KAREN RUSSELL: I remember the writer Uwem Akpan, then a Jesuit priest, once explaining how it was often difficult for him to work on his fiction because he had to perform the last rites and other sacraments for his congregation in Zimbabwe. I think about him every time I’m tempted to complain about my work/life balance. Really, I should be able to get a lot more done with the time allotted to me!
WASHINGTON SQUARE: Do you feel like you worked differently in your early career as opposed to now?
KAREN RUSSELL: You know, speaking of balance, I often miss the totally unbalanced, single-minded focus of my MFA program. Back in graduate school, I remember spending whole weekends in the weird lighting of the computer library, drinking my body weight in coffee, so happy to be working obsessively on a new story. That kind of bender, I associate with the twenties. A decade when sleep seemed somehow unnecessary. I miss the all-nighters and the sanctioned monomania of the MFA program. I’ve had to shift things around, now that I have other responsibilities and can’t go into a lucid dreaming cocoon at the computer lab at 4 a.m. When I’m teaching, I try to keep at least one day free for my own writing. Mornings, I’ll write for about four hours. Evenings, if I’m excited about something, I’ll pick it up again. That shadowless stretch from one to four, I tend to do other things; reading student work or prepping for class, say. It really can vary, depending on how I’m feeling about a project. Or if I have a deadline, in which case, I go back into terrified, elated all-nighter mode.
Right now, my baby boss, our four-month old son, sets the schedule. I’ll let you know how things shake down!
WASHINGTON SQUARE: There’s this funny picture book called King Baby by Kate Beaton that you should look at. In the end, King Baby gets a little sibling and is no longer king.
Remember when we had our week-long workshop together? I felt you had a very solid idea of how to lead a workshop and seemed to want to build that relationship outside the classroom. I find myself using your techniques when I’m teaching. (I also feel, right now, you’re laughing at this comment.)
KAREN RUSSELL: Aw, Jess, that aside makes me so happy. Do you know that our baby son just started laughing? It’s the best sound in the world. I am laughing, you’re right, trying to remember what my “techniques” might have been that summer; usually I just feel like a bear on a unicycle in the classroom, pedaling maniacally just to stay upright. I lucked out, too—our group was a really special one. As I recall, you guys were basically a self-running machine.
WASHINGTON SQUARE: It’s always nice to have a good workshop group. That’s not always the case. So how did you develop a teaching style?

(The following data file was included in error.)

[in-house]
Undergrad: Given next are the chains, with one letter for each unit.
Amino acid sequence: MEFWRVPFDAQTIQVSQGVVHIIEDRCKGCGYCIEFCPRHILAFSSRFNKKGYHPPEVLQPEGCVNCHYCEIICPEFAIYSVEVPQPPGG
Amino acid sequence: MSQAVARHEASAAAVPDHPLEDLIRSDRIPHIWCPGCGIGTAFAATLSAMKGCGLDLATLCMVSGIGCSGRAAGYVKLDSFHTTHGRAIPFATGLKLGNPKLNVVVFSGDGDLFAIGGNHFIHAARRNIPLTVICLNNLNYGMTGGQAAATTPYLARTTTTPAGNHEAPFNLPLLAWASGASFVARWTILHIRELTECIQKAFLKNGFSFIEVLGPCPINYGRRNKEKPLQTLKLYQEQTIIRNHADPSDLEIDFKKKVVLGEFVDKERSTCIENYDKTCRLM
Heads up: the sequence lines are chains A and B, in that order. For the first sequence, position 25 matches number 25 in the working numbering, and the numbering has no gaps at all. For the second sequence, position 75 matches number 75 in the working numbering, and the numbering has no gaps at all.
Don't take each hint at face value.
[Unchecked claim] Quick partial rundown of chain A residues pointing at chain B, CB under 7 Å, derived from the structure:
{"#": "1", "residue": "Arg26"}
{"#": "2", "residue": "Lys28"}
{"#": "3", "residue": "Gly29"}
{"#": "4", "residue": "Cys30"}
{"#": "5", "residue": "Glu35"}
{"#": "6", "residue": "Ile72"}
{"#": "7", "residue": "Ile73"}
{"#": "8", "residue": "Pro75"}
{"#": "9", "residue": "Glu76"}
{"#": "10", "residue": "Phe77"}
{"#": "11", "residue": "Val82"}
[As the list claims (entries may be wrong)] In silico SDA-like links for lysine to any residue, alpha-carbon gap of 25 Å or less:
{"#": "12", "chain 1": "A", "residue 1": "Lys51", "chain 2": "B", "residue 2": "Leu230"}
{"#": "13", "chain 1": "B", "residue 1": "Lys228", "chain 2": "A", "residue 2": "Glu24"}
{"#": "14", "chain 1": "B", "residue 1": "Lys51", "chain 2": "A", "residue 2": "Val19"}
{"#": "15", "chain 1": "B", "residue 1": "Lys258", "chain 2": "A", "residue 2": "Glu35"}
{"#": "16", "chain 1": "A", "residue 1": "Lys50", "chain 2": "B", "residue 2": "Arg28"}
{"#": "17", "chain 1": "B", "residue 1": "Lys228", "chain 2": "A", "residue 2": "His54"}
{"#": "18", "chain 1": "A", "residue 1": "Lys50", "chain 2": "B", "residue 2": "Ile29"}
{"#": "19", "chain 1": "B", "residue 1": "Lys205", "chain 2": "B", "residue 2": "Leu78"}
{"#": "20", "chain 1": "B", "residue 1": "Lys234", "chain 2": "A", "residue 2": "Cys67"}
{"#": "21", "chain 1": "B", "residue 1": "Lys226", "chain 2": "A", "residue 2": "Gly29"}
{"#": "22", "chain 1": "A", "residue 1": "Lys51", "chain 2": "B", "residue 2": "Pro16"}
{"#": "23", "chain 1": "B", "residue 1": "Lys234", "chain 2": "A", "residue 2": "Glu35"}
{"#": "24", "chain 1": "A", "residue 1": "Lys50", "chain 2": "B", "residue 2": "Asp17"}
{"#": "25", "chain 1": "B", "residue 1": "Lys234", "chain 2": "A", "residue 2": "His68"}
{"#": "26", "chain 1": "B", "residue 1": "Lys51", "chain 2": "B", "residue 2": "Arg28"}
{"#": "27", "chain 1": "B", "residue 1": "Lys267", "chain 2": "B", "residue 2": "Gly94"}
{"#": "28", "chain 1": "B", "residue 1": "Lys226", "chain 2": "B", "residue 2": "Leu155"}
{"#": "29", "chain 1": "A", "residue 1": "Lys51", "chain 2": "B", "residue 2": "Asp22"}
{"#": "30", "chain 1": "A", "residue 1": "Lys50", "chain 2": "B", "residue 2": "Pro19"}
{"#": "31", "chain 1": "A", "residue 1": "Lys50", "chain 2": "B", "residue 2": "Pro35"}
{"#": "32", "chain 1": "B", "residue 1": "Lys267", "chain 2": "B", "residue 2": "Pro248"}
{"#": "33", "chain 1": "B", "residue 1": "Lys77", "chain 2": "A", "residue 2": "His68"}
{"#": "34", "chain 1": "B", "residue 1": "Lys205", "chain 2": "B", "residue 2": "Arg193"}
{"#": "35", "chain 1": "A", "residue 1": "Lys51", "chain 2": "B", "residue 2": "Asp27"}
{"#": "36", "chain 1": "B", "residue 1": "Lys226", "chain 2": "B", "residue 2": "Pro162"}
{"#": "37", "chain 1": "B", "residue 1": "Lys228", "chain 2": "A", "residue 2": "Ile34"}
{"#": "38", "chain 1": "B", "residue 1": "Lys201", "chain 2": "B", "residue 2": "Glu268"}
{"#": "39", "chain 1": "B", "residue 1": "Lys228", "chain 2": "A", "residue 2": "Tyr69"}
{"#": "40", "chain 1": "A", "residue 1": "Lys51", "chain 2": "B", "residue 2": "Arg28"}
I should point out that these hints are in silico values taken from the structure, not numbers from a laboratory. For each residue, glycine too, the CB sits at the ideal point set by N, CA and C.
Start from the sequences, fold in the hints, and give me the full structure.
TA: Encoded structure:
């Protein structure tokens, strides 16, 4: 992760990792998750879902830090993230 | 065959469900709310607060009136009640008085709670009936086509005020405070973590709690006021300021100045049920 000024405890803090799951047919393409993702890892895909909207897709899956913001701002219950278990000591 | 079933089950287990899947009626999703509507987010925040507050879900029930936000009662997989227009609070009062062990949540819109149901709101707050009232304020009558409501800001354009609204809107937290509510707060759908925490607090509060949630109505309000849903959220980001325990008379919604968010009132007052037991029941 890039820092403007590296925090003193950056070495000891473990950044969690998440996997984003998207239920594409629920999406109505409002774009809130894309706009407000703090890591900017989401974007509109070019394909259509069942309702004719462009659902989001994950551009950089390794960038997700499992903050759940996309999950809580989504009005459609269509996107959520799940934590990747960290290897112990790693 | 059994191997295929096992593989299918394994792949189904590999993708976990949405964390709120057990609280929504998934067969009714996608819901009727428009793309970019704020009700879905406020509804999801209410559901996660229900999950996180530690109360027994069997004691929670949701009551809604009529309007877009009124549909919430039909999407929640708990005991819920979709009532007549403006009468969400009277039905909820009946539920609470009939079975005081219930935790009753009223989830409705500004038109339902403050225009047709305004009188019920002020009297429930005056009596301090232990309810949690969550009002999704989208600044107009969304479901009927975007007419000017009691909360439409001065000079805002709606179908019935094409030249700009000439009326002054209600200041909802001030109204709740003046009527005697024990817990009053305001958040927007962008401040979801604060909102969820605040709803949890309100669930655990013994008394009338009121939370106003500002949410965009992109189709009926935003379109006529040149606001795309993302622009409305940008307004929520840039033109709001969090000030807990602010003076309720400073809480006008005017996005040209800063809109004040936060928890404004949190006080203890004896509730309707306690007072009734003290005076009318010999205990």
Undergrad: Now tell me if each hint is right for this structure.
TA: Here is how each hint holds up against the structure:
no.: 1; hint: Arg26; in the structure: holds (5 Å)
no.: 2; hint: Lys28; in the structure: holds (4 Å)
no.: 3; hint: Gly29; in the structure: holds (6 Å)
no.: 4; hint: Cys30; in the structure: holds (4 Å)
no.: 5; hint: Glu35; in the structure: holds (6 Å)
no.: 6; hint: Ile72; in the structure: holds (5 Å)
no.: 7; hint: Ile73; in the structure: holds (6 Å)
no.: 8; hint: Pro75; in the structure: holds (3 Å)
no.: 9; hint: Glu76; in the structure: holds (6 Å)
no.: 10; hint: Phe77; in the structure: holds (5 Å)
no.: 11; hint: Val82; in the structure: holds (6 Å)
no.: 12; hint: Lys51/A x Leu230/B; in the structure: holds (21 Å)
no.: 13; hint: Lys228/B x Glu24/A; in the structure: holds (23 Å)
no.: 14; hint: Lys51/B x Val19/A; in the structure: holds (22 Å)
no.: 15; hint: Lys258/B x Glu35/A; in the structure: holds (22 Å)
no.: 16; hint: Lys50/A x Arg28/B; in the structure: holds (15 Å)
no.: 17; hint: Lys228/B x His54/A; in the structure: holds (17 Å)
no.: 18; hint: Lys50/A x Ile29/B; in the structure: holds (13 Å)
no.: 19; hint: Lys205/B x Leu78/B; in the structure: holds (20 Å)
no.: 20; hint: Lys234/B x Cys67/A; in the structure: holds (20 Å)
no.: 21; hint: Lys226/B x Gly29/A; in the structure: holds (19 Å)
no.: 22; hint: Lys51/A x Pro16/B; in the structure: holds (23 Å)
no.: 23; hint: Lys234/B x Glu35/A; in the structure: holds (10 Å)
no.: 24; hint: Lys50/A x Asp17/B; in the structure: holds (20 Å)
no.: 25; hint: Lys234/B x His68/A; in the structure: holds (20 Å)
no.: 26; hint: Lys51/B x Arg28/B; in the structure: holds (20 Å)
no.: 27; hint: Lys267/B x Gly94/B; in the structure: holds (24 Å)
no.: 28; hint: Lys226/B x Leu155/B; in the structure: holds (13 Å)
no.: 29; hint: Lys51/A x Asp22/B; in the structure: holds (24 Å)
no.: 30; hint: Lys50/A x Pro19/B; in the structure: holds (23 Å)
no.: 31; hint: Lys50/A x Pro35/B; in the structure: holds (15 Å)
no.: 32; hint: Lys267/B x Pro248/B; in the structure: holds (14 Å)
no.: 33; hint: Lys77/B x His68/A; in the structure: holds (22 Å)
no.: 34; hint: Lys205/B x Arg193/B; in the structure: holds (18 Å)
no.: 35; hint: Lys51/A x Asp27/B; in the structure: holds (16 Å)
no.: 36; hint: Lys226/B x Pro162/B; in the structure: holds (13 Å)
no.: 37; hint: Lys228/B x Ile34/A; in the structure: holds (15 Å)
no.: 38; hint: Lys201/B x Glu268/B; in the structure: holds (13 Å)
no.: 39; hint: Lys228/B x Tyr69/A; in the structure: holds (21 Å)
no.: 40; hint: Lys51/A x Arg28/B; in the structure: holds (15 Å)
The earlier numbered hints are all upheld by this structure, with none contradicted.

KAREN RUSSELL: Teaching creative writing is a strange endeavor in some ways, and the workshop is a vulnerable space. Workshopping a story, you’re putting your faith in the instructor to make sure, first, that the class does no harm. I always say it’s like sharing an ultrasound of your dream in utero, and inviting other people to tell you how it’s developing. What a crazy and brave thing to do. My teaching style was just straight plagiarism of my own best instructors for the first several semesters. I used their exercises. I gave my version of their first day talks, the throwing down of the gauntlet. Slowly I think I’ve developed a style that’s a little more in line with my own personality, and with what I feel I can do to help students develop whatever is idiosyncratic and most exciting about their own work.
WASHINGTON SQUARE: So it’s evolving. Do you feel a responsibility to help early writers?
KAREN RUSSELL: I do think a lot about what helped me as a student, and I try to do that for my students. To wear both hats—to read generously, to help draw into focus a story’s secret ambitions, and the ways that it is meeting those ambitions. And to read skeptically, and critically, to help a student to see what. might be cleared away, to make space for new growth. But I really try, to the extent that I can, to read a story on its terms, without imposing my own vision. And to model that sort of echolocation for students, especially undergrads who may never have taken a workshop before. I think the best workshops operate a little like sonar—you’re helping the author to navigate through the dark of a first or second draft, bouncing back feedback on how the story is reading and what is and is not working. Those echoes are essential. You start to fly with more confidence, to gain control over your own narrative effects. And you have a sense of where you’re at with a draft, what you’ve made inside the reader.
I do feel a responsibility to help early writers, definitely. I’ll never forget the mentors and editors who helped me.